While looking for investment property such as a condo, house, coop is there any legal relationship that is created when using the services of let's say multiple real estate agents if no written contract agreement is entered into? If one agent emails you a list properties and one does not actually visit the property and the second broker introduces you to the same property which you later purchase is there any legal issues? Would it matter if it is a multiple listing? What if you never see the property that the broker sent to you but later you see the property through an adevertment by the owner?
Country relating to Question: United States
It is well settled that "[a] real estate broker is entitled to a commission if the broker is the procuring cause of the sale" ( Sholom & Zuckerbrot Realty Corp. v Citibank, 205 A.D.2d 336, 338, 613 N.Y.S.2d 588; see, Ryan v Bettiol, 211 A.D.2d 844, 845-846, 620 N.Y.S.2d 625; Salzano v Pellillo, 4 A.D.2d 789, 790, 165 N.Y.S.2d 550) which, in turn, requires "a direct and proximate link, as distinguished from one that is indirect and remote, between the bare introduction [of the buyer and seller] and the consummation [of the sale]" ( Greene v Hellman, 51 N.Y.2d 197, 206, 433 N.Y.S.2d 75, 412 N.E.2d 1301). Stated differently, "'the essential feature of a broker's employment is to bring the parties together in an amicable frame of mind, with an attitude toward each other and toward the transaction in hand which permits their working out the terms of their agreement * * *'" ( Salzano v Pellillo, (supra) , at 790, quoting Baird v Krancer, 138 Misc 360, 362-363, 246 N.Y.S. 85; see, Sholom & Zuckerbrot Realty Corp. v Citibank, (supra) , at 338-339). It therefore necessarily follows that although the broker need not be present for the actual negotiations (see, Coldwell Banker Residential Real Estate v Berner, 202 A.D.2d 949, 952, 609 N.Y.S.2d 948; Spalt v Lager Assocs., 177 A.D.2d 879, 882, 576 N.Y.S.2d 906; Salzano v Pellillo, (supra) , at 790), he or she must do more than simply introduce the parties (see, ERA Joseph Green Real Estate v Daubert, 186 A.D.2d 885, 887, 588 N.Y.S.2d 922), call the property in question to the attention of a potential buyer (see, Lanstar Intl. Realty v New York News, 206 A.D.2d 411, 412, 614 N.Y.S.2d 438; Manning v Briar Hall N., 151 A.D.2d 650, 651, 542 N.Y.S.2d 711; Gabrielli v Cornazzani, 135 A.D.2d 340, 342, 525 N.Y.S.2d 71) or provide that buyer with limited information (see, Brown & Son Realty v Greenberg, 195 A.D.2d 583, 584, 601 N.Y.S.2d 7).Based on the above-referenced background law, you ask:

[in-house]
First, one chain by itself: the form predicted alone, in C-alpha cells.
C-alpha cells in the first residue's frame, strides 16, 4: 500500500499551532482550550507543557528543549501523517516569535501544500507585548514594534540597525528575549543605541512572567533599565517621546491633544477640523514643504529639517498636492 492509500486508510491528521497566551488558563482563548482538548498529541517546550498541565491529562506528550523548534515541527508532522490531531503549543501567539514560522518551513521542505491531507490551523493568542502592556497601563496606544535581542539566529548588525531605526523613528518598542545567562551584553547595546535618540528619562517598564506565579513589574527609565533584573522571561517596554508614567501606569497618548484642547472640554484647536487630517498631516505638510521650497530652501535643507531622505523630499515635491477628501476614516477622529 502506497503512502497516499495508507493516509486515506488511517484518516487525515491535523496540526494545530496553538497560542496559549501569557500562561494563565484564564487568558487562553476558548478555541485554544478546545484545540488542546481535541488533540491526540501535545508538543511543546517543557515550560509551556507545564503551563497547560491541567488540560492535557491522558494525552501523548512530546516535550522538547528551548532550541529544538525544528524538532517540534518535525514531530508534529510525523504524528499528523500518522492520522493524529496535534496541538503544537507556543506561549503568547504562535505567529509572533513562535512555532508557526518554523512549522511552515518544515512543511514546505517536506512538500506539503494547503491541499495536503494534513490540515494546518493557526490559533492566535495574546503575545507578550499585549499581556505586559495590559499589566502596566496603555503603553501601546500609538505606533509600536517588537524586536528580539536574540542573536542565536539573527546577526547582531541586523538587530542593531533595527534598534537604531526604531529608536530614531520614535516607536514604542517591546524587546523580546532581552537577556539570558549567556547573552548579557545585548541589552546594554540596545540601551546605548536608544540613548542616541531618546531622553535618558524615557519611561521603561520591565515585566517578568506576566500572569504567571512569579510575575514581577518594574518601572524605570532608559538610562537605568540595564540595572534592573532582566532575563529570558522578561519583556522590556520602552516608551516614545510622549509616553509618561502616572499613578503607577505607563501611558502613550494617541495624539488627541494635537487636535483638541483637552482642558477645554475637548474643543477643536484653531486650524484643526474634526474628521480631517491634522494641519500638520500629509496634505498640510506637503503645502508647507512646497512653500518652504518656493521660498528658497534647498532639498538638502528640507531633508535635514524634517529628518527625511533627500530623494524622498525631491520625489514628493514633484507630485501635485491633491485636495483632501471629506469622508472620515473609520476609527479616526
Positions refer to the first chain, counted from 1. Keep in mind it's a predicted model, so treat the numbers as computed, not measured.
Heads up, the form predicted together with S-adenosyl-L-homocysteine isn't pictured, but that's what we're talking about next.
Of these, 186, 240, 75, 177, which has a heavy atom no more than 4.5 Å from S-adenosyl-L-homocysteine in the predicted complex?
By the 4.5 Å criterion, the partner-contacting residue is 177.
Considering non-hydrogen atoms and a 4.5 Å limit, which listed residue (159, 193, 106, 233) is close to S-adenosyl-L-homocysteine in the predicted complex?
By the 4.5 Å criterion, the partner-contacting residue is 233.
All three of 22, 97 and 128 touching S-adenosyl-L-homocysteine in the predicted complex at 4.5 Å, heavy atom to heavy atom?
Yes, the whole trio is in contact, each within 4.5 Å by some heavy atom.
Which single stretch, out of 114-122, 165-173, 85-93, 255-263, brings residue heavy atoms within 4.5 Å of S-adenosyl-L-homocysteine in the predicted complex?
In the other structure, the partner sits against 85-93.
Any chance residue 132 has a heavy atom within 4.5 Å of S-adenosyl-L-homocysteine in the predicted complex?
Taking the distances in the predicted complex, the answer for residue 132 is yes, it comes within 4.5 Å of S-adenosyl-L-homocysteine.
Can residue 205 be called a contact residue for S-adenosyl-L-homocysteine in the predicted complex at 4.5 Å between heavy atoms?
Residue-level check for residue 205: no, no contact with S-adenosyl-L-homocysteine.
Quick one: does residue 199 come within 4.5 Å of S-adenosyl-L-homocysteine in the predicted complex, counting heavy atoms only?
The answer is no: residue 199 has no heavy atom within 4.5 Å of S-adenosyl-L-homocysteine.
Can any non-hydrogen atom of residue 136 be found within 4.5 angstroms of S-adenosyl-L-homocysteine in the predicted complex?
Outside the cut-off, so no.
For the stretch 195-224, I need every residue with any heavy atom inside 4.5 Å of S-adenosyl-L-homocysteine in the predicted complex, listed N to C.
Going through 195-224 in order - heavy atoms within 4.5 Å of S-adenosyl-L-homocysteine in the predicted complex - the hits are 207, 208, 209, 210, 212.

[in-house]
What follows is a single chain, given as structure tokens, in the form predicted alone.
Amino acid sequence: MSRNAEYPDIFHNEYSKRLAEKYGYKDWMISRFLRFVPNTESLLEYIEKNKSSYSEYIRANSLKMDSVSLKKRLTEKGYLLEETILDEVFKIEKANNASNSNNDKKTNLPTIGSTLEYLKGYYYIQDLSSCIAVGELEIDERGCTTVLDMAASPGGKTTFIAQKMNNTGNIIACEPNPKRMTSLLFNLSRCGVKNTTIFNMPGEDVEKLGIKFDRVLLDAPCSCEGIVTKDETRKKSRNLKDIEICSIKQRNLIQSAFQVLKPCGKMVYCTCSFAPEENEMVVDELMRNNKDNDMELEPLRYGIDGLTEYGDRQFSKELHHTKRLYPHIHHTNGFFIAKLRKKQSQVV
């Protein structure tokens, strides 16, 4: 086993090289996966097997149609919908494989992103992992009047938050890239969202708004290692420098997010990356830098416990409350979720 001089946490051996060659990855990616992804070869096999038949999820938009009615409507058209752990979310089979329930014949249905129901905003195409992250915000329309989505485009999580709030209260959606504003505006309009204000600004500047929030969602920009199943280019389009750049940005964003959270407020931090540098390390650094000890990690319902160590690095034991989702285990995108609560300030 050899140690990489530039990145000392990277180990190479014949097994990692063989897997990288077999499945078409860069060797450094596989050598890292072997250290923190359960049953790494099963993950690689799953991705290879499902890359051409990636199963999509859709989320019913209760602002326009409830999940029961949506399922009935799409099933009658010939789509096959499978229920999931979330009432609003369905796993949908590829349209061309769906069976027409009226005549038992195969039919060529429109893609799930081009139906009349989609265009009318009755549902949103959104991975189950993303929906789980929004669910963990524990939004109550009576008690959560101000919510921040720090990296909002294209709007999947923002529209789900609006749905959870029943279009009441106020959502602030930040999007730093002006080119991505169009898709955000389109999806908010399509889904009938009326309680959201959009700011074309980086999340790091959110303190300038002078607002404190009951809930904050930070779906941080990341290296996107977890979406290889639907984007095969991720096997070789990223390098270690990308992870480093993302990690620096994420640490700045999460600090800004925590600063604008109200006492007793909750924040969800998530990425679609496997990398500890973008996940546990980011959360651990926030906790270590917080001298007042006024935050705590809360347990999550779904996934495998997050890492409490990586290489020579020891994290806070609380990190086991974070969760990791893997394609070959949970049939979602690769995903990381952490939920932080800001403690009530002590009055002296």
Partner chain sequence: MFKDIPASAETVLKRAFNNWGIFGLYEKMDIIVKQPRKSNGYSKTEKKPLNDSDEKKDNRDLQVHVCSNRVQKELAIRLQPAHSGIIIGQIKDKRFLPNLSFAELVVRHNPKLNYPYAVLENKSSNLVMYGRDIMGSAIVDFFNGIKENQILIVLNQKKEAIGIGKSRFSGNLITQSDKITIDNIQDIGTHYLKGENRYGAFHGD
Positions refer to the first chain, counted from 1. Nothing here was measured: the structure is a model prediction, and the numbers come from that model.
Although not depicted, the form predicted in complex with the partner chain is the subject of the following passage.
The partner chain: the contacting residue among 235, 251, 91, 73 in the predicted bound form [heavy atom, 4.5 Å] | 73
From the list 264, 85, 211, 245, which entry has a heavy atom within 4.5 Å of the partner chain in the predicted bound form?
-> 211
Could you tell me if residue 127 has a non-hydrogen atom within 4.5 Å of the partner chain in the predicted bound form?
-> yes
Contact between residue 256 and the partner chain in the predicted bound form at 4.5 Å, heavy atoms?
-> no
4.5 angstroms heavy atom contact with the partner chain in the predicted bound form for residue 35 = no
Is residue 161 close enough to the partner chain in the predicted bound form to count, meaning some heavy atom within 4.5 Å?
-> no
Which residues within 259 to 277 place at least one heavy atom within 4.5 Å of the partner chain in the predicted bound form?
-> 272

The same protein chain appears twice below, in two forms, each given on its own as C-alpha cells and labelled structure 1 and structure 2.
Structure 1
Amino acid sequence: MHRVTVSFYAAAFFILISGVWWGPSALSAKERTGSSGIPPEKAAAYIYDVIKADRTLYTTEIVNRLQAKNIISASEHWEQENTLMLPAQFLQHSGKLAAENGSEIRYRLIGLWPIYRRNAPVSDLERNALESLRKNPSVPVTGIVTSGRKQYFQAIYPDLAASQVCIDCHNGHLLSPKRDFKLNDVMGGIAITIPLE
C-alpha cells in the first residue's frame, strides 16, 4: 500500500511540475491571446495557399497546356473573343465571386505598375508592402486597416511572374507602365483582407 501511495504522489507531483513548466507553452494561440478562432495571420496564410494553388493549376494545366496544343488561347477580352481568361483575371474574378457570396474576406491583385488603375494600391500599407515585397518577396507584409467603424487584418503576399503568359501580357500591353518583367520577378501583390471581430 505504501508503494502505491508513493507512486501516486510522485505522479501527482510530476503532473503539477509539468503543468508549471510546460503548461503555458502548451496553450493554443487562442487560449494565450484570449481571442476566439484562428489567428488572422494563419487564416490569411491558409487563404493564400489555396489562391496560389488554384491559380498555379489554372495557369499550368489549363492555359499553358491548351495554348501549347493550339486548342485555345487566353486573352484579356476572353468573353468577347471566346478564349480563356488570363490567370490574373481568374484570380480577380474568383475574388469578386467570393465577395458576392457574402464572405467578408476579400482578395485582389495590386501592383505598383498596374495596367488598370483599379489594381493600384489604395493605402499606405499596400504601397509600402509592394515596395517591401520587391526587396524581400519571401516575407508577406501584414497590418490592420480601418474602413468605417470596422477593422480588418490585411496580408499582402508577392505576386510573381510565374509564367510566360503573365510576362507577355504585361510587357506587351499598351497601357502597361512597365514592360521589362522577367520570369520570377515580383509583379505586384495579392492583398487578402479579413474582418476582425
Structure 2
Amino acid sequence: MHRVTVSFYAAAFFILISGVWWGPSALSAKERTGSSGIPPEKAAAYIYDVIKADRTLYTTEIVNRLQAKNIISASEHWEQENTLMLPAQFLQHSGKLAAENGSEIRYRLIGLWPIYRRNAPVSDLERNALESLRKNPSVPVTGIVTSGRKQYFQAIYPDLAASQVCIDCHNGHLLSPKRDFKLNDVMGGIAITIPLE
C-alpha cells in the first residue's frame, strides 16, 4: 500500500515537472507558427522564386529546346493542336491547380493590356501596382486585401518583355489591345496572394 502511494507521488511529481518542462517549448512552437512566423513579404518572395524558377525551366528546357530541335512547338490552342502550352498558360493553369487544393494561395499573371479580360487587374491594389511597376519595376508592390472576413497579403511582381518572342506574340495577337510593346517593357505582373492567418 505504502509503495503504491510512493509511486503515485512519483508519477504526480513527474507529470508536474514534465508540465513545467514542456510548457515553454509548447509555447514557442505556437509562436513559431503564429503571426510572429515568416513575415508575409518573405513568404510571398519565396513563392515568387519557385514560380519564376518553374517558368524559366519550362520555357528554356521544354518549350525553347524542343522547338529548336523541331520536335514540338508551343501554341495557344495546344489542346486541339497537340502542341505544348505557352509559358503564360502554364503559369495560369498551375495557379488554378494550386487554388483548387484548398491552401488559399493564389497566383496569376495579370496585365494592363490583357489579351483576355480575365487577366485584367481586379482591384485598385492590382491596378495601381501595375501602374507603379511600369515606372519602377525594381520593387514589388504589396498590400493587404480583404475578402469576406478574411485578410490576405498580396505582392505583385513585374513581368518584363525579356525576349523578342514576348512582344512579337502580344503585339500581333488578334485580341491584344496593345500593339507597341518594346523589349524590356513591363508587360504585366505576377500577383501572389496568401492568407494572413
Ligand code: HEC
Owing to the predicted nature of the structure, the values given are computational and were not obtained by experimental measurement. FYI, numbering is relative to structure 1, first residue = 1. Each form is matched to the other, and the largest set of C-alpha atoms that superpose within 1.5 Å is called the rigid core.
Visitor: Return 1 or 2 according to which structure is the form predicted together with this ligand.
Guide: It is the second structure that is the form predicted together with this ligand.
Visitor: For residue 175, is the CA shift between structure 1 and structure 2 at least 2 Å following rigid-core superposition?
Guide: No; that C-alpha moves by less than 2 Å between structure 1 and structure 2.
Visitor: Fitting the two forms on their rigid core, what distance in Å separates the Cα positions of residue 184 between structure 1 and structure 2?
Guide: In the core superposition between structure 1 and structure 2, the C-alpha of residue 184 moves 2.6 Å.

While looking for investment property such as a condo, house, coop is there any legal relationship that is created when using the services of let's say multiple real estate agents if no written contract agreement is entered into?
A: If the agent puts the buyer and seller together with the intent to negotiate, and the negotiation results in a sale, then the agent is entitled to a commission, regardless of any written contract between the agent and the seller or buyer. This is the "procuring cause doctrine."
If one agent emails you a list properties and one does not actually visit the property and the second broker introduces you to the same property which you later purchase is there any legal issues?
Would it matter if it is a multiple listing?
A: It may matter as between the brokers, because they agree to certain contractual provisions as part of their membership in the MLS. But, this doesn't bind the buyer or seller.
What if you never see the property that the broker sent to you but later you see the property through an adevertment by the owner?
Attorney and Real Estate broker -- Retired (mostly)
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